Judge: Regents’ private meetings with Harreld did not violate open-meetings law

The Iowa Court of Appeals ruled Wednesday that the regents’ 2015 private meetings with UI President Bruce Harreld, then a potential candidate during the 2015 presidential search, did not violate the law.


Margaret Kispert

Former state Board of Regents President Bruce Rastetter announces the appointment of Bruce Harreld as the new UI president during a meeting in the IMU on Sept. 3, 2015. Harreld is the 21st president of the UI.

Marissa Payne, Managing Editor

The Iowa Court of Appeals on Wednesday upheld a Polk County judge’s 2017 ruling that the five current and former regents who met with Bruce Harreld during the 2015 presidential search process did not violate the Iowa Open Meetings Act, stating the plaintiff’s argument that the action was a violation of the law “defies ‘common sense and practical reason.’ ”

Plaintiff Gerhild Krapf, a former UI employee, alleged five private meetings members of the state Board of Regents held with Harreld during the presidential search process on July 30, 2015 were a violation of Iowa open-meetings law.

Fifth District Court Judge William Kelly granted the defendants’ motion for summary judgment on Oct. 30, 2017 to drop the case before it came to trial.

“Although this arrangement to provide information to and recruit Bruce Harreld may look like the Defendants were trying to avoid the purposes of the Iowa Open Meetings Act, undisputed facts were not proven to support the contention that these Defendants violated Iowa law,” Kelly found.

RELATED: Timeline of events: UI 2015 presidential search process

Harreld met with regents Bruce Rastetter, Mary Andringa, Larry McKibben, Milt Dakovich, and Katie Mulholland at Rastetter’s Ames office that day no more than two at a time, the current and former regents previously said in depositions, because meeting in this manner would avoid constituting what Iowa Code defines as a “meeting.” A meeting would require a majority of the nine-member governing board to be present at one time.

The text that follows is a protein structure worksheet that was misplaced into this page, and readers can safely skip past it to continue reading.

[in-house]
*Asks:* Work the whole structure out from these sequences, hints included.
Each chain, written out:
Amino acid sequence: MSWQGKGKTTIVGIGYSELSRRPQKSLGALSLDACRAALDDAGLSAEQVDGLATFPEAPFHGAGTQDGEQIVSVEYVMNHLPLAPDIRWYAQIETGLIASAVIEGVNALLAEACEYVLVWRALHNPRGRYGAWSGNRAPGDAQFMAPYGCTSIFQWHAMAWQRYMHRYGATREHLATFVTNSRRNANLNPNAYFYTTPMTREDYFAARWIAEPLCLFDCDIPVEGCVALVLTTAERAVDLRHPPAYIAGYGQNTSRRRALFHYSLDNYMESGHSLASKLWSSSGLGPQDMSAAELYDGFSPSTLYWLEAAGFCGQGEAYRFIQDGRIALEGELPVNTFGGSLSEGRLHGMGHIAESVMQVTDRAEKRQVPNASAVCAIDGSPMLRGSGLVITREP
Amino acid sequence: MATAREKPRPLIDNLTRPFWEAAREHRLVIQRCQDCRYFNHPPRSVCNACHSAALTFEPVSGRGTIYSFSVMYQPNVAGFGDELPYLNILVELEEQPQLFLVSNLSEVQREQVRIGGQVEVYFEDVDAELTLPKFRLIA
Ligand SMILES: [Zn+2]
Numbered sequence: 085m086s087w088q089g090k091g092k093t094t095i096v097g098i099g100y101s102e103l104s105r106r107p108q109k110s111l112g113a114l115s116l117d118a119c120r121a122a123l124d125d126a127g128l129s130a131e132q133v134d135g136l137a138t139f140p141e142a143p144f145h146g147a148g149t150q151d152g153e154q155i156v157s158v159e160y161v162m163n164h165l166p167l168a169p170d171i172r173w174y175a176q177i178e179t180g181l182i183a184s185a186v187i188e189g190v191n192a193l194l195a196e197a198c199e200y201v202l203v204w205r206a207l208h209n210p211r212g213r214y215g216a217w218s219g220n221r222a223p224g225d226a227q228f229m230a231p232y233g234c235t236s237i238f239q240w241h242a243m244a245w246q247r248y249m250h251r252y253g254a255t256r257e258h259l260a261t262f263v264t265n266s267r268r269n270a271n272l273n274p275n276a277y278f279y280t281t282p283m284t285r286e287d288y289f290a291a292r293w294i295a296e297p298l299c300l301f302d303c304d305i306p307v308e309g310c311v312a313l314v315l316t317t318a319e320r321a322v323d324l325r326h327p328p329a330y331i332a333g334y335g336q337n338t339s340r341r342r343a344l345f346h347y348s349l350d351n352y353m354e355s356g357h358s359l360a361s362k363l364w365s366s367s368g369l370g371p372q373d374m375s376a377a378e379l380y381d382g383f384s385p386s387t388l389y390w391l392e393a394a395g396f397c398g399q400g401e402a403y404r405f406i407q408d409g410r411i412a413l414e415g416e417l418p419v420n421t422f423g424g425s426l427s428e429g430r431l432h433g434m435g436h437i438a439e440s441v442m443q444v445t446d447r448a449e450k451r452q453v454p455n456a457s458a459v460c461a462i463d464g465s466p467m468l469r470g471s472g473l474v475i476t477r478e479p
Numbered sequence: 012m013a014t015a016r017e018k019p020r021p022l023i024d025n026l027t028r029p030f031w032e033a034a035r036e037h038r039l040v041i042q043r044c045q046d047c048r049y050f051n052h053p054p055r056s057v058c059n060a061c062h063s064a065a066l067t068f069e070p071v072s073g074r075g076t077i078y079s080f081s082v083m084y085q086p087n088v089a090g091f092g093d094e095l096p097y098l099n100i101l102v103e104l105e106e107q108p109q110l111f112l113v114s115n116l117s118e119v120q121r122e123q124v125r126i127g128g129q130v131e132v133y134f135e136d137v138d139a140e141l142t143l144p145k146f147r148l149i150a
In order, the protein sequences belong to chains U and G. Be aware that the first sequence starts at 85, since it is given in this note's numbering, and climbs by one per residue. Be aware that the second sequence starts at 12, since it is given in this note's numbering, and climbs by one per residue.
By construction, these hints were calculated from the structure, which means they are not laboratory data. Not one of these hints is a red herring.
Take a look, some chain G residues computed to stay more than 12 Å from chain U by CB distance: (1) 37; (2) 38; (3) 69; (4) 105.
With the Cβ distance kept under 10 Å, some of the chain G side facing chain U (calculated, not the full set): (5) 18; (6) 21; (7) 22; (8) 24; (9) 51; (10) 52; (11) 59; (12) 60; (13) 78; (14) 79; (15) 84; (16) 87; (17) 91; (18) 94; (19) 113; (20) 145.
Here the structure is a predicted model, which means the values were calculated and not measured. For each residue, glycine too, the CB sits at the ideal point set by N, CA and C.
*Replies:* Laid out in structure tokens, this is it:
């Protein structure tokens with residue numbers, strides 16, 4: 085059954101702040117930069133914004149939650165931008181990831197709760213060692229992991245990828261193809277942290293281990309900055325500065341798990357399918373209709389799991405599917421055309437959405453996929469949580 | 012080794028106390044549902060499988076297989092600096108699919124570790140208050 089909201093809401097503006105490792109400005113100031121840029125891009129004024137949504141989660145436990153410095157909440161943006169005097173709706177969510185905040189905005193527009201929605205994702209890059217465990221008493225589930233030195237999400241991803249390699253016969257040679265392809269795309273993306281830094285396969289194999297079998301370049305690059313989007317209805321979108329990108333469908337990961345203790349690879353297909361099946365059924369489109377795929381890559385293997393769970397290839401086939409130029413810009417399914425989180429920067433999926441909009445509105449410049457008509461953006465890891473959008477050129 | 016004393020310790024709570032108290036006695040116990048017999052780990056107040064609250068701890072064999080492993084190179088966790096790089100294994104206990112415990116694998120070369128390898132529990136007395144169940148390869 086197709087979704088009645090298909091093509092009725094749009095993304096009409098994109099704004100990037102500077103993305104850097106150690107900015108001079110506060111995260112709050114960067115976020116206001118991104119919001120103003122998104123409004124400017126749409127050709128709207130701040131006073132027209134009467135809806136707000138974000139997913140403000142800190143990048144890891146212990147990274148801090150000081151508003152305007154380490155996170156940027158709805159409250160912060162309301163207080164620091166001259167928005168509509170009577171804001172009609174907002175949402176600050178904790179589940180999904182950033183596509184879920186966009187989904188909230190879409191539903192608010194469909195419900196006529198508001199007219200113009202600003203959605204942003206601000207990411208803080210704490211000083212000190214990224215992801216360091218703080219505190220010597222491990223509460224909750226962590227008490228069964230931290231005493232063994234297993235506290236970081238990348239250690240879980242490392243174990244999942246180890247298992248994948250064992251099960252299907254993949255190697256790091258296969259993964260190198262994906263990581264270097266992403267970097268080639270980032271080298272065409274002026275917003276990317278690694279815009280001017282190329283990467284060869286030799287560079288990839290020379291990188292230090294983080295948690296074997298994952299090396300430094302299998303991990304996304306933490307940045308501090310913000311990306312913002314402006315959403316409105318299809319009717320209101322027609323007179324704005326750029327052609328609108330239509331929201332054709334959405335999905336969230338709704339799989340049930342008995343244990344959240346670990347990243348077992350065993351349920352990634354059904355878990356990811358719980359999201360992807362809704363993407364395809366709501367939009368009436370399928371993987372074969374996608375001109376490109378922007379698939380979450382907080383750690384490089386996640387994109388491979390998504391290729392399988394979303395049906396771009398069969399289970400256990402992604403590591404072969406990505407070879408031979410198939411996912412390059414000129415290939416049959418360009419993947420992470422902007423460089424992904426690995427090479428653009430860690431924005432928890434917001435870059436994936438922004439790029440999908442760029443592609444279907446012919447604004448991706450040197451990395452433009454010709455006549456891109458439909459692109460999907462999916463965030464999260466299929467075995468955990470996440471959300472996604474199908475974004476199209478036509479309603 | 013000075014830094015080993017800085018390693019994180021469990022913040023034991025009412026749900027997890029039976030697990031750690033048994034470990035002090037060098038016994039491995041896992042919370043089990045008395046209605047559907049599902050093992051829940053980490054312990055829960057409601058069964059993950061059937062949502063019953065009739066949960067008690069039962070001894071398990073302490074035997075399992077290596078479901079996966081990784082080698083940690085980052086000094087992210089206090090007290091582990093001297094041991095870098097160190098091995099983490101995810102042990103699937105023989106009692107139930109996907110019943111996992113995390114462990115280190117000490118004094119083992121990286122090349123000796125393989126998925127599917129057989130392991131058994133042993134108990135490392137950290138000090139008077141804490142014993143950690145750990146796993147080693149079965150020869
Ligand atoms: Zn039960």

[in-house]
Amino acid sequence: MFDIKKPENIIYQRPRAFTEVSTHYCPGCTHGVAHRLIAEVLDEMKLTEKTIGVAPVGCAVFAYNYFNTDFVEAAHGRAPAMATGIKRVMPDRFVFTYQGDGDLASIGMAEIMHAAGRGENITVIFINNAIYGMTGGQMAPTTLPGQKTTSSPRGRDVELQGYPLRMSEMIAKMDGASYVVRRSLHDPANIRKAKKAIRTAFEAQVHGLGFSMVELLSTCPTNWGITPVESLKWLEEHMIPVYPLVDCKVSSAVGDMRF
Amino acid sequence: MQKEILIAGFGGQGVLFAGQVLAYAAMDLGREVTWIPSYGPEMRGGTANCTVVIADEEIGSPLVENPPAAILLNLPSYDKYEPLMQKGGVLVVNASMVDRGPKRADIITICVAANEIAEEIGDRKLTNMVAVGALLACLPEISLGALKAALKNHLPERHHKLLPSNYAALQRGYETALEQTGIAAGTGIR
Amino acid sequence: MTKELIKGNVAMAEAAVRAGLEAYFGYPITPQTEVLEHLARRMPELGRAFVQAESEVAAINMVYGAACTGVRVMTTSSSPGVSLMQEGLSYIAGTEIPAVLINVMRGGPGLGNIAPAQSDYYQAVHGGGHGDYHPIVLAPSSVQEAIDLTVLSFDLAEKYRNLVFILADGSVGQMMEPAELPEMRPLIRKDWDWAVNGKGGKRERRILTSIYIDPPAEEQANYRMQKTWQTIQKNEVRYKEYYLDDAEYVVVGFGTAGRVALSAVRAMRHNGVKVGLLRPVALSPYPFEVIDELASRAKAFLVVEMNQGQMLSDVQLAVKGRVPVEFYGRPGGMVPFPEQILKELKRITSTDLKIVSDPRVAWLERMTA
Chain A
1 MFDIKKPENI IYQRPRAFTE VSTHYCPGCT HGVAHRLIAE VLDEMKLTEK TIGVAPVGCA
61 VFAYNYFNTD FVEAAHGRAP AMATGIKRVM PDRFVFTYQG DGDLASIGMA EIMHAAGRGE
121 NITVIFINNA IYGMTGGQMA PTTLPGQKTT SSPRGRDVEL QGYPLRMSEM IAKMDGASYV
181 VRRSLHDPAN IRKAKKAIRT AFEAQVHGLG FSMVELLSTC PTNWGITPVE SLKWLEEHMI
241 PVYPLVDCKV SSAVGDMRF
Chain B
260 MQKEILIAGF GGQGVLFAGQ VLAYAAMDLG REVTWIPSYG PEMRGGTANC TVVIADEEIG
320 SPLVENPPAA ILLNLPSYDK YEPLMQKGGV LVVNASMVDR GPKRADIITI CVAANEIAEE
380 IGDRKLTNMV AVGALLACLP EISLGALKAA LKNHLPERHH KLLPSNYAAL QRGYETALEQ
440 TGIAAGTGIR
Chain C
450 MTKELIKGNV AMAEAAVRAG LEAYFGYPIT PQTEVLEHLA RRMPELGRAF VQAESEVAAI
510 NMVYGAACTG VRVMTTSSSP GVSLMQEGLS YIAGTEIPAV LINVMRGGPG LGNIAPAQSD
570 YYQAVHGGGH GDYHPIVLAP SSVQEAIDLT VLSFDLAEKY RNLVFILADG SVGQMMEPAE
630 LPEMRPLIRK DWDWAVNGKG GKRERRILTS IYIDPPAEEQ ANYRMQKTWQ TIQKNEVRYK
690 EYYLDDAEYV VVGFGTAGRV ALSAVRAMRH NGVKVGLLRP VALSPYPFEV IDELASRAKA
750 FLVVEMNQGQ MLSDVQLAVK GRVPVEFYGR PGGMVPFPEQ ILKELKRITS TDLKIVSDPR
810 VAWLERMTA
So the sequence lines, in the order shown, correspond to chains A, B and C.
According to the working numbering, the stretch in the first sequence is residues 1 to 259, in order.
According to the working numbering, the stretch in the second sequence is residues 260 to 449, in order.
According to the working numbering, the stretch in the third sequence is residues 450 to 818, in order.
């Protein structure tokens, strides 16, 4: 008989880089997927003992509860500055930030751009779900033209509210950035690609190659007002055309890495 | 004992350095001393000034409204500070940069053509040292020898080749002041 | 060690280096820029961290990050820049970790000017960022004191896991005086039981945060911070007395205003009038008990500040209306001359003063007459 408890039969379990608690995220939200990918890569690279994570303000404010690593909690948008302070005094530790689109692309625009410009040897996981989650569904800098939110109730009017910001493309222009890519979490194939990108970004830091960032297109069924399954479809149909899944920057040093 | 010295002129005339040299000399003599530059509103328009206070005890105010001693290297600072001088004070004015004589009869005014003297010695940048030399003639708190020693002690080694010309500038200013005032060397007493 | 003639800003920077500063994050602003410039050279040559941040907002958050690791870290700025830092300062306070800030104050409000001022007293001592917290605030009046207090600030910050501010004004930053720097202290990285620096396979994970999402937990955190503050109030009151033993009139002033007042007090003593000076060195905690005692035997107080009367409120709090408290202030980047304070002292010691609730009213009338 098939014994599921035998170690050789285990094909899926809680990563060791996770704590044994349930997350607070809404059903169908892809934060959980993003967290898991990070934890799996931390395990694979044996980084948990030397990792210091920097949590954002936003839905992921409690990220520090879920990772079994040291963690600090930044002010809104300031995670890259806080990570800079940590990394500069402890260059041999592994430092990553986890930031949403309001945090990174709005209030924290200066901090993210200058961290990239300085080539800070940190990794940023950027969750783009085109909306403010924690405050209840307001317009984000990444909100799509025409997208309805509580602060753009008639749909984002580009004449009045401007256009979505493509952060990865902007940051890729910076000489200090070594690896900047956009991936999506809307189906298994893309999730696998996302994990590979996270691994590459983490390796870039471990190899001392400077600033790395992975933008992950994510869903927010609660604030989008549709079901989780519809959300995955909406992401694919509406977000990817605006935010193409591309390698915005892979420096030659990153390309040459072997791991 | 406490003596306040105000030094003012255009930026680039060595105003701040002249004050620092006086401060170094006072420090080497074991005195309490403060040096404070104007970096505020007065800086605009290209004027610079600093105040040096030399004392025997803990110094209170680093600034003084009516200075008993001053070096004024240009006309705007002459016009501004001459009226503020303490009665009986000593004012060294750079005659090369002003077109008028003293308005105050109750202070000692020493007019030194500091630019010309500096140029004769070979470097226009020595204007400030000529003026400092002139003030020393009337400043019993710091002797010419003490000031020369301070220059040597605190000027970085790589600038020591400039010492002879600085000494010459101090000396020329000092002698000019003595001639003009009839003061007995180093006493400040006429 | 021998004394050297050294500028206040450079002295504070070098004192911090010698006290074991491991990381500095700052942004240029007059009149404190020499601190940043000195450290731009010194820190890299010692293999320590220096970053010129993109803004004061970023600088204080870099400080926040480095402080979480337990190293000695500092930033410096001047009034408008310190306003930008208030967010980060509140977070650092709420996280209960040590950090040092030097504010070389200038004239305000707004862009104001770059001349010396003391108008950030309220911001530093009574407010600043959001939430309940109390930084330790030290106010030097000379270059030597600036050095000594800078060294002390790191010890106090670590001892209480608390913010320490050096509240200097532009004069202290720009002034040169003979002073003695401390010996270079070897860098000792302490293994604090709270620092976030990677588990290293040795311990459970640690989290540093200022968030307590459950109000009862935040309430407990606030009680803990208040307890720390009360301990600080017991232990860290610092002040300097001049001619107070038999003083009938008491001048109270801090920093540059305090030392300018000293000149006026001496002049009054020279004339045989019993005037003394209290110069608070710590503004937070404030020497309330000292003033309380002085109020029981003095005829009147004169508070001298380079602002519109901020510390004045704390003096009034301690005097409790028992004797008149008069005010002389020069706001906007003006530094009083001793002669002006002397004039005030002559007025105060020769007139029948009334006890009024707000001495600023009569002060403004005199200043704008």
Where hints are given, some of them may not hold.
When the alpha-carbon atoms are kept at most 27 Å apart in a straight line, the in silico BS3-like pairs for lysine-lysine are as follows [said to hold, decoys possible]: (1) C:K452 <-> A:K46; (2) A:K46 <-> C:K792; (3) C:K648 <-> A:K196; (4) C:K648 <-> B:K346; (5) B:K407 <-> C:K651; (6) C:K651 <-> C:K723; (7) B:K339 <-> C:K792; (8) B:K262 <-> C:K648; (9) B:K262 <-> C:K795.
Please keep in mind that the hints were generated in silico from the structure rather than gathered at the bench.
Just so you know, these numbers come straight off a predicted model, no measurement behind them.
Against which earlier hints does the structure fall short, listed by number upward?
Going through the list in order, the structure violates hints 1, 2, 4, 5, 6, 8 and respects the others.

Krapf’s attorney previously argued the regents met in close temporal proximity, though they never met in a physical majority. Krapf alleged this constitutes “serial submajority gatherings” — forming what constitutes a single “meeting” by law — due to the back-to-back manner in which the meetings were held.

Judge Christopher McDonald ruled Wednesday that “there was never a majority of the members present at a gathering within the meaning of the act. There was also no deliberation within the meaning of the act. There is nothing in the summary judgment record to show the five regents discussed amongst themselves the individual meetings with Harreld.”

RELATED: Regents recount secret meetings held prior to hiring Harreld as UI president

The Wednesday decision was largely based on precedent from the City of Dubuque v. Telegraph Herald, in which the court ruled serial submajority meetings did not constitute a meeting in that case, stating “‘Any other rule would hamstring the progress of governmental bodies, and impose intolerable time burdens on unpaid officeholders.’ ”

Judge Anuradha Vaitheswaran wrote in a concurring opinion “the Iowa Supreme Court has recognized that serial submajority gatherings of public bodies may violate the Iowa Open Meetings Law,” but ultimately agreed “the gatherings in this case did not violate the Iowa Open Meetings Law.”